There are a lot of different ways of defining a business plateau. Some business experts tell us that companies tend to plateau at the “one”s and “three”s of business ($10 million, $30 million, $100 million – and so on). But others think of growth plateaus at certain stages or in particular time frames. However you view stagnancy, the reality is that your company is likely to experience it at some point. So, when you do, how can you break through it and drive business growth anyway? Here are three ways.
Team Review & Role Analysis
Your team is at the core of all you do. But that doesn’t mean you need to clean house as soon as you notice your revenue has halted. In fact, you might have the right team members in place, but might not be utilizing them optimally. Sometimes, a business plateau could be an indication that someone within your walls is holding you back, but it’s usually not this linear.
Instead, think about a growth plateau as an opportunity to revisit how your team is structured. Use a survey (like eNPS) to find out how satisfied employees are, or initiate personality and skills/strengths tests in order to figure out if certain people are in the wrong roles. You might find that some team restructuring is all you need, or that you’re missing someone for a pivotal role and need to make a strategic hire. If you look hard enough, you’ll almost certainly find people-centric changes you can make to move you past your plateau.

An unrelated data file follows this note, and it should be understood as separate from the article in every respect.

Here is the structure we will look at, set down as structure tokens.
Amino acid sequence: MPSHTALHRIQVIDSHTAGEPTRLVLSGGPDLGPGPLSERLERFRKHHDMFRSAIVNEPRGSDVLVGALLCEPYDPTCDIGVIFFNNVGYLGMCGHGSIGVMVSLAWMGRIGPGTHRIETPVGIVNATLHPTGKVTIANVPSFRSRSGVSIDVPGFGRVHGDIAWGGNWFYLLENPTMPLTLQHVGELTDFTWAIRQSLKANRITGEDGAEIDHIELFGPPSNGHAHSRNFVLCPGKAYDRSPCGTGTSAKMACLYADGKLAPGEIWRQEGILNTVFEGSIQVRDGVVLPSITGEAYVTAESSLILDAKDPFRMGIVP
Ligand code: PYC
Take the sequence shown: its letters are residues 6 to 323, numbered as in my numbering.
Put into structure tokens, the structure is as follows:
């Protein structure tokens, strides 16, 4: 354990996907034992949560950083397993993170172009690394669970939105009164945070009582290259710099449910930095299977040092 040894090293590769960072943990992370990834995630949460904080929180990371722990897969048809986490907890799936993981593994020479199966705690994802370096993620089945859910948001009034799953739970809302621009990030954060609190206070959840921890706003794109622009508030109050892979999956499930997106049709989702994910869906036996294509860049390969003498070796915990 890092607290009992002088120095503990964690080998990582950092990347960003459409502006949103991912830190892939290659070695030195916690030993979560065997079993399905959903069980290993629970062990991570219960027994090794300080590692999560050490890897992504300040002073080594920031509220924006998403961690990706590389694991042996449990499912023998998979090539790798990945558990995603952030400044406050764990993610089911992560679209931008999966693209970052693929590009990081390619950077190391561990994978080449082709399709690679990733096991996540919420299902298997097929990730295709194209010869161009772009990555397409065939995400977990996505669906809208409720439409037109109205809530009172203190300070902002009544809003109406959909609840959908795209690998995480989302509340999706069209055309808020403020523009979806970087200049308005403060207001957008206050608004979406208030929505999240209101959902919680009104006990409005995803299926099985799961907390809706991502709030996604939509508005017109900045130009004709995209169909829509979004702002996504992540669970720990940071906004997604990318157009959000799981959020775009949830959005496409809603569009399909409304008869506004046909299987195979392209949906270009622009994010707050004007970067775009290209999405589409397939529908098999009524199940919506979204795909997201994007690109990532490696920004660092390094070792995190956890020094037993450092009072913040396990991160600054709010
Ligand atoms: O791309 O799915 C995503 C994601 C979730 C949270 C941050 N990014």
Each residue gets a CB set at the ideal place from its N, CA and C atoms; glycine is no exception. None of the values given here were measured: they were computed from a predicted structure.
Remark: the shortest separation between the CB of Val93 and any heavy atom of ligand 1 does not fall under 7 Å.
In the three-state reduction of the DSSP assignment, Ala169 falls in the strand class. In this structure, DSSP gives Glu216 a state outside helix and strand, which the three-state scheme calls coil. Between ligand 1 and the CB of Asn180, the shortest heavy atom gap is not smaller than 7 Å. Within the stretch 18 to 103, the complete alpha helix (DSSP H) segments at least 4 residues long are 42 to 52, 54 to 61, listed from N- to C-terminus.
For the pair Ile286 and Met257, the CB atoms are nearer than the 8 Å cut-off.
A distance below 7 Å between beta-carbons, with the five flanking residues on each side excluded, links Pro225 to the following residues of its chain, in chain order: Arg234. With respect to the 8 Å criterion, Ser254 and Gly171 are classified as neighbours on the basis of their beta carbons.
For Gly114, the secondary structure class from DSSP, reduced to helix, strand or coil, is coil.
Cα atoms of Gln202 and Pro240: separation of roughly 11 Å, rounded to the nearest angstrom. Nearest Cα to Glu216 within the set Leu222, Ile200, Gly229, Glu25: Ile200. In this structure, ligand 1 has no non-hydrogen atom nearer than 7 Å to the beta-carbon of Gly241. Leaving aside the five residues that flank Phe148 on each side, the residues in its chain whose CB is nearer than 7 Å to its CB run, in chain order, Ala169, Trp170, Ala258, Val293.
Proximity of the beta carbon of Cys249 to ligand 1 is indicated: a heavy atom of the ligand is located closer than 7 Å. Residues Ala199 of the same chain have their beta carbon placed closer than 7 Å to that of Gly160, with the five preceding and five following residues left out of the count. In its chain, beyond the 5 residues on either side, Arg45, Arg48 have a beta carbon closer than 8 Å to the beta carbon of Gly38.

As you scale, your processes must scale as well. If they don’t, you all but guarantee stagnancy. But changing them can be one of the hardest things you do. Let’s say your sales have exploded but you’re still manually keeping track of your inventory. This isn’t sustainable. Maybe previously your team members could simply walk through the warehouse and take notes by hand about material quantities. But now if they try to do that, they’ll find themselves in the midst of forklifts and frenzied operations, thanks to increased demand and a rush to fulfill orders.
The process needs to grow alongside the sales. You may need a new hire to help share in this responsibility (see number one above) or you may need a new piece of technology that helps you automate inventory management (see number three below). But either way, you’ll need a new process. Processes are hard to change because they require a change in habits.
But if you talk openly with your team about why a process must change, guide them in understanding the new protocol and support them as they transition toward it, you’ll all be able to grow more smoothly together.
New or Advanced Technology
When you reach a big revenue milestone, like your first $10 million or $100 million, your needs change. After all, each bump in revenue also represents an increase in employees, sales and responsibilities. This often means your best bet is to bid adieu to legacy technology and upgrade your tech stack.
How do you know if and when this is necessary? There are typically some clear signs. One is that you start noticing your current technology is lacking in flexibility or functionality. Your growing business starts to need more from the solution, and it’s not able to keep up. Or, you might realize your system is no longer solving your problem. This is only natural. The problems you solve for as a medium-sized business are often drastically different from those that need to be solved when you’re an enterprise.
Your people, processes and tech stack should be serving you, streamlining your operations and supporting your growth. Making necessary changes, and ensuring your business’s scalability, is all but guaranteed to help you break through your current plateau.
Need help implementing new technology or navigating people and process changes? We’ve helped countless clients scale and expand internationally. We’d love to help you too.
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